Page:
Public Investments: The Case of the Trans-Canada Highway

The view on public investments and country growth have changed. The notion of environmental sustainability was barely on the radar when the National Film Board of Canada made a documentary about the building of the Trans-Canada Highway almost 60 years ago (embedded below).
Growth was the primary rationale for building a little over 8,000 kilometers of highway in the 1950s. What is interesting to public investment planners of today is the lack of foresight about economic changes. For example:

  • Fisheries in Newfoundland, coal mining on Cape Breton Island, and nickel mining in Sudbury (complete with burning slag heaps) have been on a significant decline
  • In addition to the environmental issues with mining, atomic energy and dams are highlighted
  • Montreal is the largest city in Canada, and financial capital in 1958 – it’s now Toronto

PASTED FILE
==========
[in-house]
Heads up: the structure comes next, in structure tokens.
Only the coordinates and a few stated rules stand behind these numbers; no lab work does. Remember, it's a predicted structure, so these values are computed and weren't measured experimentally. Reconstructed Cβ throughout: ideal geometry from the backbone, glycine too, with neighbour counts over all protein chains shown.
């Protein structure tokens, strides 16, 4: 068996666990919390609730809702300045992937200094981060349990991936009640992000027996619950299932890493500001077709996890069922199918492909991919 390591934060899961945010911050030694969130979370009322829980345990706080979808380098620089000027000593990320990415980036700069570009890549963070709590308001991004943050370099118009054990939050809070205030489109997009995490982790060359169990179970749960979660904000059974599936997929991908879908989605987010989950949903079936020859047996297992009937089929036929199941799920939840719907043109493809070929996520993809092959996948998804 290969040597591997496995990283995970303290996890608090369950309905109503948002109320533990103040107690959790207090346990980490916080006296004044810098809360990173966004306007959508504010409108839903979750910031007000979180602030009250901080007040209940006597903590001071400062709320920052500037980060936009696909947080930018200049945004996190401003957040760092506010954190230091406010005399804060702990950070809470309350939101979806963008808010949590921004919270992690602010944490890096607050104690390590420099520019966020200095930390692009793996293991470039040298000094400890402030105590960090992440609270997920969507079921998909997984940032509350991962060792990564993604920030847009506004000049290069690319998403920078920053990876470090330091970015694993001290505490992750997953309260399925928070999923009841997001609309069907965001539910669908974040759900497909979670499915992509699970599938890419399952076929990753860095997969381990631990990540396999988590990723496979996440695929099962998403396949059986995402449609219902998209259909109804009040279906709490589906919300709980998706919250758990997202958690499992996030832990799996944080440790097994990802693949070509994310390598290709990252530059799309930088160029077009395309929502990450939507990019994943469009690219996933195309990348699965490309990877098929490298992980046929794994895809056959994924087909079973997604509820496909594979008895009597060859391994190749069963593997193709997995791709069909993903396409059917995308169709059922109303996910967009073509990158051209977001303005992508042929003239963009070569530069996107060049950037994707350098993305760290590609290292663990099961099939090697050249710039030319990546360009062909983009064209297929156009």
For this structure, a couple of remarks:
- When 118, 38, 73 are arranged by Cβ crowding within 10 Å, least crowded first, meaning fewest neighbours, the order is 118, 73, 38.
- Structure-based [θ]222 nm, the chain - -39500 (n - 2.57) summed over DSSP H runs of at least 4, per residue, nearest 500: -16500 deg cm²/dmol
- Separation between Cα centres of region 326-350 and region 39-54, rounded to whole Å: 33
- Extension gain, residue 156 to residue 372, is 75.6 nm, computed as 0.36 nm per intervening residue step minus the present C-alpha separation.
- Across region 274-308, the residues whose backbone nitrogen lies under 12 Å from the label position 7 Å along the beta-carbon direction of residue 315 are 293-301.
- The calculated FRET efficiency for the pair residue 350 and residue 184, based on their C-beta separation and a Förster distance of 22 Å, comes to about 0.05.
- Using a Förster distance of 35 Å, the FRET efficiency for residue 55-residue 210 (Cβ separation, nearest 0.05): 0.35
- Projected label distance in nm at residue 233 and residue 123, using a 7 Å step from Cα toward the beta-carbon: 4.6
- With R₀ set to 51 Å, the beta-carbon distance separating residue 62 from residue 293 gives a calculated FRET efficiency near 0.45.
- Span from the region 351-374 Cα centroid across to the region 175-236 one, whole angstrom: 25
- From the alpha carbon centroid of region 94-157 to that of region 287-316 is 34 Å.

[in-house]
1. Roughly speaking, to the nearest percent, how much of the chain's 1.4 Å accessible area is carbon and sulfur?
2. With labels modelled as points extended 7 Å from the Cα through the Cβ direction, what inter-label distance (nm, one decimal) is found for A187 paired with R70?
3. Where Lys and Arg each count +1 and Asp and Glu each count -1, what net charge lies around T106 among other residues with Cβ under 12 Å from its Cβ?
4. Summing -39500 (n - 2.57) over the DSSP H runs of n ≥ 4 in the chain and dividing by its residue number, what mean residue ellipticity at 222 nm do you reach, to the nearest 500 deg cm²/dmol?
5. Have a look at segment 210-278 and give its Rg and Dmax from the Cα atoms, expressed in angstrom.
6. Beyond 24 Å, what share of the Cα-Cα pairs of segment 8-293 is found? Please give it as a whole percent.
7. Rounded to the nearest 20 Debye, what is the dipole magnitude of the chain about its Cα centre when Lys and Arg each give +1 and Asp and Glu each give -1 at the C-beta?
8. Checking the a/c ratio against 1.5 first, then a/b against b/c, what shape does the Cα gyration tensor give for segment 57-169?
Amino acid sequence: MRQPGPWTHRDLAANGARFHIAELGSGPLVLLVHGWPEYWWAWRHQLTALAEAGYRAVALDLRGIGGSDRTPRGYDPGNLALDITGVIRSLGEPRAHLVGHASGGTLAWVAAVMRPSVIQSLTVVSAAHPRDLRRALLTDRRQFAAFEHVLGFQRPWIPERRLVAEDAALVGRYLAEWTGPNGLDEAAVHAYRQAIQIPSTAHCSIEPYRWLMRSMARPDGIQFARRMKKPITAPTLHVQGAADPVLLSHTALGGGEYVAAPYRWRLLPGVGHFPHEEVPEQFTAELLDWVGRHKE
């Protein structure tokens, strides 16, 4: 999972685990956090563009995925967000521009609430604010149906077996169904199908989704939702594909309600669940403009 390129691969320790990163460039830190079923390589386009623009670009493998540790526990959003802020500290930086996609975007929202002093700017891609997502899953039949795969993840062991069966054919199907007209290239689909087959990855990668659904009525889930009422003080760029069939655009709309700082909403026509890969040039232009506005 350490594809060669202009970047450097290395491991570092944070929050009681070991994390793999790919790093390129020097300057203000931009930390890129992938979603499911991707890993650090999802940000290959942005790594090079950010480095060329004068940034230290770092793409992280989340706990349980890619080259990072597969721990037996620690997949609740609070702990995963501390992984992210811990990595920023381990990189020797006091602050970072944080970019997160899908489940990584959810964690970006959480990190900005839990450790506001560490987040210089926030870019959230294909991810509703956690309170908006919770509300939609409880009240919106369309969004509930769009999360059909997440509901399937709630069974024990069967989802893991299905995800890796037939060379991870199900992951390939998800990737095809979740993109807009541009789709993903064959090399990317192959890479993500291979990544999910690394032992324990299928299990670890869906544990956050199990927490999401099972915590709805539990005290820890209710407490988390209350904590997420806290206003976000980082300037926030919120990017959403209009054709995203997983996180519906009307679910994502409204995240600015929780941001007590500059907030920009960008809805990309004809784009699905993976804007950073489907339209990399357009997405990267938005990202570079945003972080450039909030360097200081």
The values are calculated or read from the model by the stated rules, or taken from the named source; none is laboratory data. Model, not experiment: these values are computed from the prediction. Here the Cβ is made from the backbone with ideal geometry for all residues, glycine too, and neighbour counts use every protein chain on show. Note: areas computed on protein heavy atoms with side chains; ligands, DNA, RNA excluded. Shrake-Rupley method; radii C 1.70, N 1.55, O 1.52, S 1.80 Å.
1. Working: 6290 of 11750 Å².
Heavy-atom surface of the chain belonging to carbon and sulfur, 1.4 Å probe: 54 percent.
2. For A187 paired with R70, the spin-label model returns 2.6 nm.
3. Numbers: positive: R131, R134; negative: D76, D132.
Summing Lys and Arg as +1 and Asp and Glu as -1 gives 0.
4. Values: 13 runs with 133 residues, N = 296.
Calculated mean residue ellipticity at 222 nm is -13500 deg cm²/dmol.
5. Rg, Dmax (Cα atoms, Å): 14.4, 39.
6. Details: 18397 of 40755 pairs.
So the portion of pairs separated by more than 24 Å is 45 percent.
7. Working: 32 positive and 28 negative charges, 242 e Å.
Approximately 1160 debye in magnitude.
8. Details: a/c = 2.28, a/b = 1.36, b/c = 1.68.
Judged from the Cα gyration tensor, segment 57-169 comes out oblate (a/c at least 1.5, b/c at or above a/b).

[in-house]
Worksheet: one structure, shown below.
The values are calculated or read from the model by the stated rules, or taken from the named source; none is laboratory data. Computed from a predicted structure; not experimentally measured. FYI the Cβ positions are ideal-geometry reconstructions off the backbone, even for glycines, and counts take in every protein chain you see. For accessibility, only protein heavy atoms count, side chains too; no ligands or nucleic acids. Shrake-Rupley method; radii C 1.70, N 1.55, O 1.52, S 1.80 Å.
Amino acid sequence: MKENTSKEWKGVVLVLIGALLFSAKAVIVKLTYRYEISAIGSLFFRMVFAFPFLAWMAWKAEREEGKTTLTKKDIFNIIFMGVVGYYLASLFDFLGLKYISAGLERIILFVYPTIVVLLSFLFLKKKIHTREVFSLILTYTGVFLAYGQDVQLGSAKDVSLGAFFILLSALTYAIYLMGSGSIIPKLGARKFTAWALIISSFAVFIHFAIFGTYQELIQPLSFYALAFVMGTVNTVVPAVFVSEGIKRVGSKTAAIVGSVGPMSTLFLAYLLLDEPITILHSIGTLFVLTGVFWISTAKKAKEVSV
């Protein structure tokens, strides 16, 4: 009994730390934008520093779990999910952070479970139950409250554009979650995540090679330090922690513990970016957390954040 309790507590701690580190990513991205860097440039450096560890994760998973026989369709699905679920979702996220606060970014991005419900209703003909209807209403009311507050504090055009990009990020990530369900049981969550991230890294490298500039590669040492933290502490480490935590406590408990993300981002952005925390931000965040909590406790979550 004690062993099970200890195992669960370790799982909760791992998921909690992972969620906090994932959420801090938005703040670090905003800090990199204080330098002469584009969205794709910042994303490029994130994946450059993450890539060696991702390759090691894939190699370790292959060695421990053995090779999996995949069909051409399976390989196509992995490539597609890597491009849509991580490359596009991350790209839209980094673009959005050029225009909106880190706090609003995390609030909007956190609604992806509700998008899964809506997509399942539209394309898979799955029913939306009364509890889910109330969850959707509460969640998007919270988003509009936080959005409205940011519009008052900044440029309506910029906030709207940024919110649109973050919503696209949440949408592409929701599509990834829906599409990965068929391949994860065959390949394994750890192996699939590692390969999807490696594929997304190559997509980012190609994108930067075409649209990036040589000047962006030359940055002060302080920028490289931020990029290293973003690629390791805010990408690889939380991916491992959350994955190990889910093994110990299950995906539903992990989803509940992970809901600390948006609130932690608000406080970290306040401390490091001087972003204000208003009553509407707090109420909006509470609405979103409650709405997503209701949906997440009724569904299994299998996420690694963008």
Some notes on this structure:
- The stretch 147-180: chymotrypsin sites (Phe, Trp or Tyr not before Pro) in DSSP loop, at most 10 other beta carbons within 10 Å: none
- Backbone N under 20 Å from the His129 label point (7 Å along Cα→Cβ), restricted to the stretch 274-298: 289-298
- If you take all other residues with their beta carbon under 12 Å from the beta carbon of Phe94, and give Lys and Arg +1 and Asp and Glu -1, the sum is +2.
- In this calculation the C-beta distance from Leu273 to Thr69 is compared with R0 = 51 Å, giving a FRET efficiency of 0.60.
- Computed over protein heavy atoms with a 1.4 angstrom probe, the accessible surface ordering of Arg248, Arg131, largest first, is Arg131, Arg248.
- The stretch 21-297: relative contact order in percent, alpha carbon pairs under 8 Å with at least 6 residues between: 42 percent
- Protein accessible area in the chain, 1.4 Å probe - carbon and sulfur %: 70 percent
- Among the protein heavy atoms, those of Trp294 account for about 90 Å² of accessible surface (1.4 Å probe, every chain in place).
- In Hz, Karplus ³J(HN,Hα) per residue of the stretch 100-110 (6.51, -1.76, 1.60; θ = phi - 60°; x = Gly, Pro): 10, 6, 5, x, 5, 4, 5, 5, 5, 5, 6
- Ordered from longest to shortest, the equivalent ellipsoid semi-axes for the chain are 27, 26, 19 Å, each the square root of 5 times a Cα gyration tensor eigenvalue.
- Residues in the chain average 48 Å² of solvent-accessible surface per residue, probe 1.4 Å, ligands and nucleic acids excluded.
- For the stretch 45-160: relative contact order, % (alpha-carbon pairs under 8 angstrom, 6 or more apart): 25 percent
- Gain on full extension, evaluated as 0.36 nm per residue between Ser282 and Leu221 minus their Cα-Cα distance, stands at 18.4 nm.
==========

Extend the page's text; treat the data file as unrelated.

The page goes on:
• Population growth and urbanization  means that 2 lane highways are unable to handle traffic flow in even smaller cities

Trans Canada Summer, Ronald Dick, Jack Olsen & Jean Palardy, provided by the National Film Board of Canada

Were these economic changes unthinkable in the 1950s? We need to ask ourselves whether the state-of-the-art of public investment scenario planning is sufficient. Many governments plan without considering the Sustainable Development Goals. Some government focus entirely on economic growth leading to a public policy gap.

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